Elisha Fey survives the nuclear apocalypse only to get menaced by raiders, in Zed Events’ thrillingly immersive ‘Wasteland Experience’.
Fancy a trip past the end of the world? Zed Events has you covered. Turn up on the day in clothes you can get dirty and shoes you can run in – there’s going to be a lot of running. They’ll give you a gun, a torch and some basic instructions… then you’re left to the dark expanse of derelict mall, relying only on whoever comes to guide you. Whether they’ll be trustworthy is a different story.
This is an immersive theatre experience: more interactive than a movie, more real than a video game. There’s nothing quite like this medium. Conventional theatre doesn’t quite compare – that still keeps the audience in a separate bubble, whereas there’s little to no separation here. And the programmed responses in a virtual reality game can come nowhere near matching the live responses of the actors here.
Speaking of which, there’s no doubt that the acting is the strongest aspect of this event. The character Holly accompanied us through much of the story, and played a major role in making it as real as it was. Constantly engaged and on the ball, she kept our attention, carried us through the story and improvised around our interactions. One moment struck me early on, when it turned out my gun wasn’t working at a critical moment and needed a quick fix. I expected her to slip into out-of-character instructor mode, like the staff who delivered our weapons briefing, but no: once the story had started, nothing would break her character. She performed “real world” troubleshooting quickly and efficiently, all the while writhing in the agony of her fictional wounds. A seamless blend of keeping the game running smoothly and keeping the story consistent and real.
Zed Events have previously plunged people into the zombie apocalypse, but there’s no zombies this time; your opponents here are fully fleshed, but no less creepy for it. All the more so, I’d say: brainless zombies don’t have a clue what they’re doing, but there’s a clear organised intelligence here. It makes the deliberate evil all the more sinister.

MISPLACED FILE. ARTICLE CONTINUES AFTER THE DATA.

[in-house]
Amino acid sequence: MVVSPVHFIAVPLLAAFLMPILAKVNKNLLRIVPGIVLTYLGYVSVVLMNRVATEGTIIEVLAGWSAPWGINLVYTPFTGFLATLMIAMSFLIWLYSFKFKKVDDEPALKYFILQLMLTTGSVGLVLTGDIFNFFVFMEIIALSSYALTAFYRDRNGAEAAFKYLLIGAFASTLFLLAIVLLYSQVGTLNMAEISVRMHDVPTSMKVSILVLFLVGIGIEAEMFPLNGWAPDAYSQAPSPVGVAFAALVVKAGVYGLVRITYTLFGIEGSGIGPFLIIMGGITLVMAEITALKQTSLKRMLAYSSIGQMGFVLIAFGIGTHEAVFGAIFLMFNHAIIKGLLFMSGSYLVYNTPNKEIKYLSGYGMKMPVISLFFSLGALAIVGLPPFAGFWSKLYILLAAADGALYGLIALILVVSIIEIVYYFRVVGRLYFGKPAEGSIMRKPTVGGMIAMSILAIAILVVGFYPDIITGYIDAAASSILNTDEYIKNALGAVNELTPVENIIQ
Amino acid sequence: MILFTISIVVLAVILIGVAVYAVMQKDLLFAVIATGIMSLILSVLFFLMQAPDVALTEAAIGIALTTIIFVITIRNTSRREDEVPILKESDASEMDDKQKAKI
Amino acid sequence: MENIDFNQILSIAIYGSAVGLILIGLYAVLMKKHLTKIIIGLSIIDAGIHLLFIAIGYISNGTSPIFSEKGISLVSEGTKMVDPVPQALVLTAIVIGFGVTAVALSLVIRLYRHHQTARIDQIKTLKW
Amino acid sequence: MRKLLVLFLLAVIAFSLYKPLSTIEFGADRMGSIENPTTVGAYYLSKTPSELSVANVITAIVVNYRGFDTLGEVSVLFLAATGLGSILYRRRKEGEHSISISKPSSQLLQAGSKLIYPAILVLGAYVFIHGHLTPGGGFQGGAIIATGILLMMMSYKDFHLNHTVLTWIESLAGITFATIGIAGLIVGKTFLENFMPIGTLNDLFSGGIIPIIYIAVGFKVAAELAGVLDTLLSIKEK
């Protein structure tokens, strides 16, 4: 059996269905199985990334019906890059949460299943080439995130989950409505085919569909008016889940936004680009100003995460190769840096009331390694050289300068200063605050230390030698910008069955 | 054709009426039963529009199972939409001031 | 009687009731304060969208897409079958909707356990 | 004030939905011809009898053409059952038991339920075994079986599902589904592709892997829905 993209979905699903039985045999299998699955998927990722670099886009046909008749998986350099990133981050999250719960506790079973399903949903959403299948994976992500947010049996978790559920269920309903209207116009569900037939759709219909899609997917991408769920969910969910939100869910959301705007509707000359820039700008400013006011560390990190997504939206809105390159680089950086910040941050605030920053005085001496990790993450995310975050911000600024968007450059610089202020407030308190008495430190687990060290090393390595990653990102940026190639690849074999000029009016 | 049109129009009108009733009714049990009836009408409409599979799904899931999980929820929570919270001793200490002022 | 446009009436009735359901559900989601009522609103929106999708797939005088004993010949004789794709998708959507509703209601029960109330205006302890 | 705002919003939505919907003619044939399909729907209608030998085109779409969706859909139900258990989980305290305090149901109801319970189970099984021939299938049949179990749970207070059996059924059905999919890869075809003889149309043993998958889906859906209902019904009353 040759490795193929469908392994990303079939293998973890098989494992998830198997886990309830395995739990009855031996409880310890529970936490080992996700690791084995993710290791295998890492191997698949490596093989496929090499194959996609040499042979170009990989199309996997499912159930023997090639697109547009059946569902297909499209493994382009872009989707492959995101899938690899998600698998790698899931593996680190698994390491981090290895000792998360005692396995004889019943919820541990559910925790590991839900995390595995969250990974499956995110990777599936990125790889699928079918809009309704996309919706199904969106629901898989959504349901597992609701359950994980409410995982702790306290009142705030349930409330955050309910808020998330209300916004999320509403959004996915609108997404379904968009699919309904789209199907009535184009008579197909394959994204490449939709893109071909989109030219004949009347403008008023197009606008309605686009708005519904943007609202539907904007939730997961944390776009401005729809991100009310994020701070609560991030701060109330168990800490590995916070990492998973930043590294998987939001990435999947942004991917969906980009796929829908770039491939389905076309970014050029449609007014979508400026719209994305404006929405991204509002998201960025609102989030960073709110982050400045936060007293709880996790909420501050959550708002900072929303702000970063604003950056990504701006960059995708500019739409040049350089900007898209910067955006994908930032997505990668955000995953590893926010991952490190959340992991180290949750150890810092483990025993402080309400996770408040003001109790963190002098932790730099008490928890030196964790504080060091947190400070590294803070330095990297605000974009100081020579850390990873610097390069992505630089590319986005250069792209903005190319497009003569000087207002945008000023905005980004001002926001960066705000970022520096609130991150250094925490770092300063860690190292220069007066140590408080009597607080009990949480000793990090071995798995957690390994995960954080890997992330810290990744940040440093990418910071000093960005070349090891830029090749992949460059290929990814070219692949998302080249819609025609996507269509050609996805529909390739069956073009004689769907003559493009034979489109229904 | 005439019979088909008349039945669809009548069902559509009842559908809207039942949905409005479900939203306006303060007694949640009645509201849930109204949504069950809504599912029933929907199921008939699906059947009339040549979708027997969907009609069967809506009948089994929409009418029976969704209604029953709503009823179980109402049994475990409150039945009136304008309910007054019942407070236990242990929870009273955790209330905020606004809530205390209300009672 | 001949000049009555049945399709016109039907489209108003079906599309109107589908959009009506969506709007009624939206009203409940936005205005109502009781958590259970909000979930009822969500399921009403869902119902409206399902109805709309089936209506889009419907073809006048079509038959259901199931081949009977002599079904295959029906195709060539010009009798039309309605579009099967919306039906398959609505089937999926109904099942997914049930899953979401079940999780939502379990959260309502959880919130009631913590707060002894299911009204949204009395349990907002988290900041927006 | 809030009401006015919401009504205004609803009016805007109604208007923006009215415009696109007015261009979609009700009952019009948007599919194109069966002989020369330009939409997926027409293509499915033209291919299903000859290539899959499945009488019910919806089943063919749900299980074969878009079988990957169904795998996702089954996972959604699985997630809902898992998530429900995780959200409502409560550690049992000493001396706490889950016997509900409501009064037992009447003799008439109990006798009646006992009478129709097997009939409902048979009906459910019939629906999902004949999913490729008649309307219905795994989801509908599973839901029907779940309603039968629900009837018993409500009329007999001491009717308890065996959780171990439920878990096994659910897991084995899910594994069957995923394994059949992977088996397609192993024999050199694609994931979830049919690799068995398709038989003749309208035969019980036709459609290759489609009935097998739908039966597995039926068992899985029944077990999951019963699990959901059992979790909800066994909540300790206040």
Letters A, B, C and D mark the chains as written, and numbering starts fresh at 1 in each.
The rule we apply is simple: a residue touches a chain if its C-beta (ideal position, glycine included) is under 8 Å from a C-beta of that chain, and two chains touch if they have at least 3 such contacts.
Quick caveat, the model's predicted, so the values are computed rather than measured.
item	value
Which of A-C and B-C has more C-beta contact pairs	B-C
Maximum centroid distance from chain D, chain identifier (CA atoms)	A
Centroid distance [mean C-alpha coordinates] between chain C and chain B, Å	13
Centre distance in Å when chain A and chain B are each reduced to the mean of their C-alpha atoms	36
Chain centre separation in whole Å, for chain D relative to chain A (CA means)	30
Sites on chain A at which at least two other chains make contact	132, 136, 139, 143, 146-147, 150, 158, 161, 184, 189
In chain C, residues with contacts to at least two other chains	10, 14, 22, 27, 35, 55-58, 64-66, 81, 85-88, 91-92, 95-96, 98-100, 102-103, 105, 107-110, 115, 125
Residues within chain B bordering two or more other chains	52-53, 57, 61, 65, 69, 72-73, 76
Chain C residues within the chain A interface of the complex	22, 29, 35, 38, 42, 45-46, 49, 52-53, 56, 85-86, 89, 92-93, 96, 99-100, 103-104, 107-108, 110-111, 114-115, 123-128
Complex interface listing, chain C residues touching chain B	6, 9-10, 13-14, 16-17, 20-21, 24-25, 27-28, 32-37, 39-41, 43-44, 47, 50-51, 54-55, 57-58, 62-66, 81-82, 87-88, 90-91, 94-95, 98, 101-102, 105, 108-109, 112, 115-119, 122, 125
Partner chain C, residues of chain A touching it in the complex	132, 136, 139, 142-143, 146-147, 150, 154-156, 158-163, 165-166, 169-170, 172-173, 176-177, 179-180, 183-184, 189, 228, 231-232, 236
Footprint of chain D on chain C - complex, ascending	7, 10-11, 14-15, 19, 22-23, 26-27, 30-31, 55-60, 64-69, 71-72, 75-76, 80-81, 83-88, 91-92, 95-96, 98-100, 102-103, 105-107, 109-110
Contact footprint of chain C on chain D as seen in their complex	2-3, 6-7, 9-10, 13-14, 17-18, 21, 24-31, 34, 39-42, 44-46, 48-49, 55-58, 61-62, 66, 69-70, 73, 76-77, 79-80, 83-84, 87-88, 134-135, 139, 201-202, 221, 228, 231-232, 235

There’s some fantastic outfit design displayed on the characters. Some essentially consists of modern clothing, taken many years and many scuffles past its prime and juxtaposed with grimly functional armour and weaponry. Others feel far more like deliberate costumes than clothes, displaying grisly details based around a certain theme (which I won’t spoil, to preserve the surprise and shock). Set design, by comparison, is sparse and near-barren excepting a few major locations, but the bare walls and purposefully strewn litter add to the stark, hopeless atmosphere. And, of course, the 250,000 sq ft building supplies more than the requisite desperation. You could run lost around this place for hours – and you will.
The immersive nature of this experience is absolutely key. I’d argue that, if this story existed in a conventional medium like film or video game, this wouldn’t be anywhere near as compelling as it is. I personally found the story a little lacking, but that’s only something that came to me once I was out of the building and back in the safety of fresh air. In the midst of it, not a thought could cross my mind – nothing but sheer survival instinct, kicked into overdrive. The very fact of being there is what makes it real as it is.
This is something that requires commitment to get the best experience. Taking part in this means you’re a member of the cast, and while it’s relatively okay to giggle at a horror movie when there’s no one to hear but yourself, it does everyone a disservice to do so when you’re in it. From the moment it begins, you’re intrinsically involved. The more you engage with it, the more rewarding it will be.